As inflation surges, the options are growing. Last year, Klarna began accepting payments for gas purchased at Chevron. Sezzle is testing repayment options with the New Jersey-based grocery chain Wakefern, which owns ShopRite and Fairway, and with California Pet Pharmacy. Afterpay says it will soon accept payment for purchases at certain grocery stores.
“Buy now, pay later products are really marketed as low risk, low costs, but they can easily become unaffordable,” said Nadine Chabrier, a senior policy counsel with the Center for Responsible Lending, which is among several consumer groups arguing that such loans amount to debt that should be regulated similarly to credit cards.
The Center for Responsible Lending argued last month in a letter to the Consumer Financial Protection Bureau that buy now, pay later apps should abide by “bare minimum standards” required of credit cards. In nearly all states, the apps aren’t required to review a consumer’s credit history or consider their ability to repay the debt, Chabrier said. The plans also need not clearly disclose fees or charges, or offer dispute resolution.
Plans are prevented by law from unfair, deceptive and abusive lending practices. But because they typically offer loans that must be paid in fewer than five installments, they aren’t subject to the Truth in Lending Act, according to a March letter submitted to the Consumer Financial Protection Bureau by nearly two dozen state attorneys general.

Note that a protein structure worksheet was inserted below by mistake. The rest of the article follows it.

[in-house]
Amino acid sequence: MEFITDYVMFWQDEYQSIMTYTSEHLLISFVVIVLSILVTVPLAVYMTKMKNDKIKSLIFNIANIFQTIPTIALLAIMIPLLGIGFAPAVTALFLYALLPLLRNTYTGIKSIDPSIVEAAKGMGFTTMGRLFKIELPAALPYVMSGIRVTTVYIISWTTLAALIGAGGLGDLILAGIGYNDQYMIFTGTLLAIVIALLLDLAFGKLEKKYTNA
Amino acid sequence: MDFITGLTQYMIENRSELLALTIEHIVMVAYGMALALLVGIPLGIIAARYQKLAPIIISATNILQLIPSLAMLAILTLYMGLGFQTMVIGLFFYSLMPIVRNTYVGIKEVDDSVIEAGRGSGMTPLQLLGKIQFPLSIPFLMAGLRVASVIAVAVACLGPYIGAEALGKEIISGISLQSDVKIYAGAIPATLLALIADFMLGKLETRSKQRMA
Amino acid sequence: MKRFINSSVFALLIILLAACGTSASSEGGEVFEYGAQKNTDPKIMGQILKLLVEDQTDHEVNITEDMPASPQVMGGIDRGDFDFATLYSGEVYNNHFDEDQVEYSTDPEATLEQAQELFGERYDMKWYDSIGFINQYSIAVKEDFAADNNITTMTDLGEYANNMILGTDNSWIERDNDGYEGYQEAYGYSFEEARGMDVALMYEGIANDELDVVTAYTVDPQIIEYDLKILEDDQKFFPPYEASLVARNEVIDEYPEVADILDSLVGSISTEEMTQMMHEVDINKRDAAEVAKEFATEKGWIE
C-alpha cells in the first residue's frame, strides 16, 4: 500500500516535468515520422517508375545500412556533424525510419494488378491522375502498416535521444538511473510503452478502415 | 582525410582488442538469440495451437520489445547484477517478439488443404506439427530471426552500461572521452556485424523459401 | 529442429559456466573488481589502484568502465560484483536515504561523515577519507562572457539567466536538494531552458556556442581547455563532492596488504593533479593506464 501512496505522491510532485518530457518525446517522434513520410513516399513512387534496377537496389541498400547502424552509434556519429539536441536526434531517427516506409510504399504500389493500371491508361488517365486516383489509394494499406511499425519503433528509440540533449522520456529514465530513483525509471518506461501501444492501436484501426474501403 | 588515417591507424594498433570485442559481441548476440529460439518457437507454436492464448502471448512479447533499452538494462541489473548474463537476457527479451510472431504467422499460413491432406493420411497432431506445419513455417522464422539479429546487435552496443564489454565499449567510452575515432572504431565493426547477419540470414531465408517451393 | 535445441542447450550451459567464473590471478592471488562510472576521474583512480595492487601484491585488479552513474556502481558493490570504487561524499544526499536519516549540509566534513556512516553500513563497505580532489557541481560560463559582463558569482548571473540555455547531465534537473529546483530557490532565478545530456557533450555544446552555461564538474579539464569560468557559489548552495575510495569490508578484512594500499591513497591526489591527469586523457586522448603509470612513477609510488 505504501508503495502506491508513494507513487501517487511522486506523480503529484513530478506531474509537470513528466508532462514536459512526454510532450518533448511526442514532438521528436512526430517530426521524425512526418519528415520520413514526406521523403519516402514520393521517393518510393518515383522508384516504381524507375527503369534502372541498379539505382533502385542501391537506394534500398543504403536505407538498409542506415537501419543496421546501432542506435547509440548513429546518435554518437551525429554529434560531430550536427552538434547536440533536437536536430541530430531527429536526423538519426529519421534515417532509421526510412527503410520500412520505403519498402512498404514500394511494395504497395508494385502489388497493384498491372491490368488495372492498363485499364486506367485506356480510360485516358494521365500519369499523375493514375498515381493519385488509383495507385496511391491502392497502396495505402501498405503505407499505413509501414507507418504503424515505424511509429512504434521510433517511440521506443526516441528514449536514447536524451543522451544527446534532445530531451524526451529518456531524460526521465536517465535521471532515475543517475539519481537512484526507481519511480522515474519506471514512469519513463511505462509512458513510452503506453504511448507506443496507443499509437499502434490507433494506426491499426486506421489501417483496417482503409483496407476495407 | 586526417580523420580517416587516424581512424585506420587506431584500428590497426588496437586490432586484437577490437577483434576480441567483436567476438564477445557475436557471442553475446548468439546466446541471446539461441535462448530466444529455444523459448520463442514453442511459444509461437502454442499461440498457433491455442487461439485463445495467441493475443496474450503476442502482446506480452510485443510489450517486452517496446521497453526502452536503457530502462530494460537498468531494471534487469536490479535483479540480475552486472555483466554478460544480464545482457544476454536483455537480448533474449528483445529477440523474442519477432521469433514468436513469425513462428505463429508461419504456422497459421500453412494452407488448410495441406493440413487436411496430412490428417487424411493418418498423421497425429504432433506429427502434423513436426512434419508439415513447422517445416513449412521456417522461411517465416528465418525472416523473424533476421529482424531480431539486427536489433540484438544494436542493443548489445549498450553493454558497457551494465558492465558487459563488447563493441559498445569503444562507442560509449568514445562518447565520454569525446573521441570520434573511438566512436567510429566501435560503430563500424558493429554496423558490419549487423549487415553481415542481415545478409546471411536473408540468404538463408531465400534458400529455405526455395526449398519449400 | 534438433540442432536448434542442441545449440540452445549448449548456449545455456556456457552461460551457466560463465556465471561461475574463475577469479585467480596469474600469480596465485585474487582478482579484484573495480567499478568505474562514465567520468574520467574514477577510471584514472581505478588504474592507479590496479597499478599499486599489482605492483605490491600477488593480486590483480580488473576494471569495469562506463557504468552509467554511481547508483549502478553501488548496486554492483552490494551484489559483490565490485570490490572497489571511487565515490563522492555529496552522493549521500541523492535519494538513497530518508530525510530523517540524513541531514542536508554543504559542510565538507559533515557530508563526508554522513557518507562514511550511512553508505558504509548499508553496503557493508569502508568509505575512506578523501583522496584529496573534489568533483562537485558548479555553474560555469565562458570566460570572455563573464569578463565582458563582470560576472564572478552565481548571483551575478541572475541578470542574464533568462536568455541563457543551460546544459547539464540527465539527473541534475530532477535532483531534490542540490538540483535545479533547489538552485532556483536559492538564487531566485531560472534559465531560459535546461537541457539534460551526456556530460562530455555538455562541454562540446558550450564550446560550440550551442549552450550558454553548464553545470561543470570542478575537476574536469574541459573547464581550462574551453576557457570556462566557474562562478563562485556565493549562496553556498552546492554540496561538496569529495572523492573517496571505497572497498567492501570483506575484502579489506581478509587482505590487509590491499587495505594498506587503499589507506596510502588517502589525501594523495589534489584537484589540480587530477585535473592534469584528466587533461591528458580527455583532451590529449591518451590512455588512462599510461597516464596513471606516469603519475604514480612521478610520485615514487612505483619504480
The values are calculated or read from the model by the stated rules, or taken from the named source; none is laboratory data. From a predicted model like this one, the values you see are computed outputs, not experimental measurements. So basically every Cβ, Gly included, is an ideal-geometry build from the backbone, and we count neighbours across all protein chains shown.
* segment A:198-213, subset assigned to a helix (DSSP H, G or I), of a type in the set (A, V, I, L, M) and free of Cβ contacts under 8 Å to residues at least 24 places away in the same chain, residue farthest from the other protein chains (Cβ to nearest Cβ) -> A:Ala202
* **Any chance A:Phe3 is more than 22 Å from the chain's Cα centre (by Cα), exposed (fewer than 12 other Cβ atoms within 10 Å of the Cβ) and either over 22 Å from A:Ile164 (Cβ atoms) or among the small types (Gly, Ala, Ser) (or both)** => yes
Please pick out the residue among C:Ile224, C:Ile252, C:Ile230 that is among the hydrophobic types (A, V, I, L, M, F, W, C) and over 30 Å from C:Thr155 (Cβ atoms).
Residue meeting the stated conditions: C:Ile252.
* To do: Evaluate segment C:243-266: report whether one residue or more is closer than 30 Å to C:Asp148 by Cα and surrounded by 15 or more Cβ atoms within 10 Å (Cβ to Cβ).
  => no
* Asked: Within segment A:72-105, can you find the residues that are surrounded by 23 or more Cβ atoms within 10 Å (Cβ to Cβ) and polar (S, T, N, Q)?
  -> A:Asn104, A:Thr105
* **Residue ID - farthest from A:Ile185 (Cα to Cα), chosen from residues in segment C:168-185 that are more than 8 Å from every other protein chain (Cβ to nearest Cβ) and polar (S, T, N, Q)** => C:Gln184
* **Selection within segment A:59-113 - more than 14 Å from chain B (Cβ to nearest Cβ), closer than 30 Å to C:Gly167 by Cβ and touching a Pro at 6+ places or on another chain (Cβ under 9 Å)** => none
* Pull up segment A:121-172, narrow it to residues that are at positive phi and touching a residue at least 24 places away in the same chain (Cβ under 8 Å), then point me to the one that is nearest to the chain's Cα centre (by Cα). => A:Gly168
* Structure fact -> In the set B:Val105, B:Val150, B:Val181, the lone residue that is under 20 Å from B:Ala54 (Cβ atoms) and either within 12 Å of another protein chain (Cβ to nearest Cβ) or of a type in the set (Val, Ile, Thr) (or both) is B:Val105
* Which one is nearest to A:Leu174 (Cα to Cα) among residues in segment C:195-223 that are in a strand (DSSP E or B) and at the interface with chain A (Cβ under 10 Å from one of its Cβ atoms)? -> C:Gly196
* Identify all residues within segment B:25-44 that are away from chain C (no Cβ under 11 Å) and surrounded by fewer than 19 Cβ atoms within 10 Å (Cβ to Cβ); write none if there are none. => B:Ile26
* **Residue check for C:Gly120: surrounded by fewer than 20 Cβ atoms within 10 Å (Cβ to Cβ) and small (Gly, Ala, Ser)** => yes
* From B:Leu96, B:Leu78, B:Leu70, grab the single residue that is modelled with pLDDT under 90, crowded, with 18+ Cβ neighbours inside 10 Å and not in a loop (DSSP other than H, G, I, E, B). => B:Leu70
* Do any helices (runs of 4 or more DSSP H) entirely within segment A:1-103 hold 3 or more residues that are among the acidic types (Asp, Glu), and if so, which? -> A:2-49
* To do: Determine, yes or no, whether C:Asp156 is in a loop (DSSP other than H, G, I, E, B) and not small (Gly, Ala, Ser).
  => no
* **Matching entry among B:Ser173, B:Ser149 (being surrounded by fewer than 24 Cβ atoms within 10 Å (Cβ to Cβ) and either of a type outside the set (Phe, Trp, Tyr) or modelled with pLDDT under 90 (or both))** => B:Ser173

Michael Linford, the chief financial officer of Affirm, said the company is an exception. “Affirm has long held that our transactions are loans, and we show Truth in Lending disclosures,” he told a meeting of investors last month. “We think it’s a good thing for the industry and for regulators to ask people to actually underwrite transactions that help keep consumers from being too extended.”
For Israel Conerly, that’s not really a concern right now. She said buy now, pay later has become a regular way to budget her expenses. She uses Klarna often for groceries and plans to tack on gas expenses, along with future vacation costs.
“It’s, like, my money, anyway,” she said. “I guess I’ll splurge on vacation and come back and deal with the consequences later.”
CORRECTION (April 23, 11:30 ET) An earlier version of this article misstated Israel Conerly’s pronouns. Conerly uses she/they pronouns, not they/them pronouns. The article also misstated Affirm’s user base, which is 11 million users, not 7 million. The article also has been updated to clarify that Affirm may charge interest on some loans.